Tuesday, March 26, 2013

U.S. versus Mexico won’t be weather repeat of Costa Rica match, that’s for sure

The flags won't be intertwined on Tuesday
By now, even if you could care less about soccer or international athletics, you probably have stumbled across a few seconds worth of footage of the match played last week between the national soccer clubs of the United States and Costa Rica.

Team U.S.A. managed to score a goal early in the first half, and that wound up being the extent of the scoreboard activity from the pitch. The United States defeated Costa Rica 1-0 in a match that helps to determine which teams from North America and the Caribbean qualify for the World Cup, and how highly they are seeded.

YET THE REASON you saw this video had nothing to do with the athletic activity. It was the snowfall. The pitch was a slippery, sloppy mess!

All throughout the match, groundscrews had to work to keep the field (or at least the lines marking exactly where the pitch was located) clear. It was so bad that the Costa Rica team is making appeals to the bodies that govern international soccer – claiming that the field was in no condition for a match to be played.

They want a re-do – which likely ain’t gonna happen. There are many times when one in athletics has to play under less than ideal conditions. How you handle those conditions are a large part of what determines your sporting character.

I bring all this up because there’s another match scheduled for Tuesday – when the United States has to take on arch-rival Mexico. This match also will have a large say in determining who goes to the World Cup tourney to be played next year in Brazil.

I’M SURE IF it were at all possible, this match would be at the stadium in Columbus, Ohio – which is getting buried under all those inches of snow being dumped across a large swath of the nation by Winter Storm Virgil. That snow likely will be done by Tuesday, but the temperatures are barely expected to be above freezing.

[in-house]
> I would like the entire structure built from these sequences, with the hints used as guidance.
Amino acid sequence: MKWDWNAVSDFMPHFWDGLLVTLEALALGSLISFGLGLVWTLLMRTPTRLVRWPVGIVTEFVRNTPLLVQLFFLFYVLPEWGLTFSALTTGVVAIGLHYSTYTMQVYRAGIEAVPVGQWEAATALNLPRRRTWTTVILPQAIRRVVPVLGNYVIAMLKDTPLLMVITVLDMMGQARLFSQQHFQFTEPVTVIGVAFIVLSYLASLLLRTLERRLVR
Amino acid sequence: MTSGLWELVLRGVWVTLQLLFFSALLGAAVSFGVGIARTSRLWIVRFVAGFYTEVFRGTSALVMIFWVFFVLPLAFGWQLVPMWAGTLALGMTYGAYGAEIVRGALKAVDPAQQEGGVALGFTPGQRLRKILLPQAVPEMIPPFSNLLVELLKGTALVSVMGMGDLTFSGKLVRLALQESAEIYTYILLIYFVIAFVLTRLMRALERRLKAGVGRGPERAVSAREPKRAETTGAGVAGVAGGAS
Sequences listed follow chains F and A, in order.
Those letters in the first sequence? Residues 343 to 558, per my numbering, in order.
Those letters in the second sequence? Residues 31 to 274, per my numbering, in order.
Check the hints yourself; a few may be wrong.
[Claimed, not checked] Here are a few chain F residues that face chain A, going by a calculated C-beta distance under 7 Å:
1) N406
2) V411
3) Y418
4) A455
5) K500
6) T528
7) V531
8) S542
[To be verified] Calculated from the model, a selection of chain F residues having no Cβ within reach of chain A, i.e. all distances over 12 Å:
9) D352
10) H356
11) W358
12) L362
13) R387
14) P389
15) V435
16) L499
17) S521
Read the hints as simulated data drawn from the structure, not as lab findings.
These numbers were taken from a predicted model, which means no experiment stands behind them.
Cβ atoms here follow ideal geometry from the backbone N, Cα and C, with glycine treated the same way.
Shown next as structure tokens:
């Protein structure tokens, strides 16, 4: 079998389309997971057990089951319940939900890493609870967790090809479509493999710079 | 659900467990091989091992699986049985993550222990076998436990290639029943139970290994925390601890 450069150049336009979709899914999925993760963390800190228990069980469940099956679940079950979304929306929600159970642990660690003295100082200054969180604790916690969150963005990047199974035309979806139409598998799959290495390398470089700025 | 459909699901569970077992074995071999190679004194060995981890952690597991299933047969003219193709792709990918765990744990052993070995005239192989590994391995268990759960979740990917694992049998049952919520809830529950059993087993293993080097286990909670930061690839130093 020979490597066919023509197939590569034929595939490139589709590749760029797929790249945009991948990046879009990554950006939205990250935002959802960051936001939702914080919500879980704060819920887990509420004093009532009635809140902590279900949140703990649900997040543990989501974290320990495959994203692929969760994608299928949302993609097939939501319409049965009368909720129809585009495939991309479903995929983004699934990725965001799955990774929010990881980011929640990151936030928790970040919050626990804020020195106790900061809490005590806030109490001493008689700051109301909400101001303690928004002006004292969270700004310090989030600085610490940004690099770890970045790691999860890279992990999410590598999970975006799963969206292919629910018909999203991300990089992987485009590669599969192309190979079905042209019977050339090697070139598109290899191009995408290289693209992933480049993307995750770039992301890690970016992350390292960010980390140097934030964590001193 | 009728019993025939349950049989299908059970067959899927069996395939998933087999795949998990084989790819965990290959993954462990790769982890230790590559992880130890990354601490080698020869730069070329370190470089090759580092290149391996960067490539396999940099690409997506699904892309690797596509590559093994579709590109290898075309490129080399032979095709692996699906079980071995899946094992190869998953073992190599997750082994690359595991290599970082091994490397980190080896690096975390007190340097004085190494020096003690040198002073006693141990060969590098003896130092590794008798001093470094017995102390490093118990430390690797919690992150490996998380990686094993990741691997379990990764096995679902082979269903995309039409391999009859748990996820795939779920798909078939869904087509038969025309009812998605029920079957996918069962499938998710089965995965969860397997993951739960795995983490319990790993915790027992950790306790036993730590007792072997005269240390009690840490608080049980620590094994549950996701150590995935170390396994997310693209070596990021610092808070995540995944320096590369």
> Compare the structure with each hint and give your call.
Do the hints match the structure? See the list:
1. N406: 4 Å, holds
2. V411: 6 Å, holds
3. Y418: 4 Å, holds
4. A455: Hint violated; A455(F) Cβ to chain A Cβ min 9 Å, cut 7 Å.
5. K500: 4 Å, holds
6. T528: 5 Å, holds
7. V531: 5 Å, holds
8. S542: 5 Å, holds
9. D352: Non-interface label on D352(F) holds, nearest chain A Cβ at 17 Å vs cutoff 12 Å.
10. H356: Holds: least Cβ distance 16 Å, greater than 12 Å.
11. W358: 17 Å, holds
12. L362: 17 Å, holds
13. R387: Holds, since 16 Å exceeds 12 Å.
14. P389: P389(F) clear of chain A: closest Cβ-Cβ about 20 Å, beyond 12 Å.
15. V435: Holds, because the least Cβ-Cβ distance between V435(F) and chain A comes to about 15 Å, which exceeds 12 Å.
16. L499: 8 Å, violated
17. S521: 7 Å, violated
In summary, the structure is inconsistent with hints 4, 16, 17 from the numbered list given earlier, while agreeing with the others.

In short, it would be a sloppy mess that I’m sure U.S. officials would love to think would give them a similar advantage.

Yet Tuesday’s match will be at the Estadio Azteca – where the temperatures are expected to reach a daytime high of 74 degrees on Tuesday (if you trust the Weather Channel) with no chance of precipitation.

So we’re talking about the usual Mexico City advantage – not only the potential for 100,000 crazed fans crammed into the stands, but the light air of the high altitude combined with Mexico City-style pollution.

THERE’S A REASON Mexico teams usually win when they play at home. It takes everybody else some time to get used to conditions – more time than they usually spend in the city to prepare.

There’s also the fact that while the United States defeated Costa Rica, Mexico last week could not beat Honduras. They blew a 2-0 lead early in the match, winding up playing to a 2-2 tie. Which doesn’t hurt their qualifying chances as much as a loss would have – but certainly makes their desire for a victory on Tuesday all the more stronger!

And for those of you with rooting interests for the United States (the ones who paint their faces with red and white stripes and try to shout down everybody else with a “U.S.A., U.S.A.!” chant to see if they can look more absurd than the Mexico fans painted all red and green), there will be a sense of equal play, since the matches that determine World Cup qualification and placement run through October.

Meaning come Sept. 10, you’ll get to see El Tri play in Columbus on U.S. terms. Let’s just hope we don’t get an early snowstorm for next winter season to go along with the late one that made a mess of U.S. versus Costa Rica!


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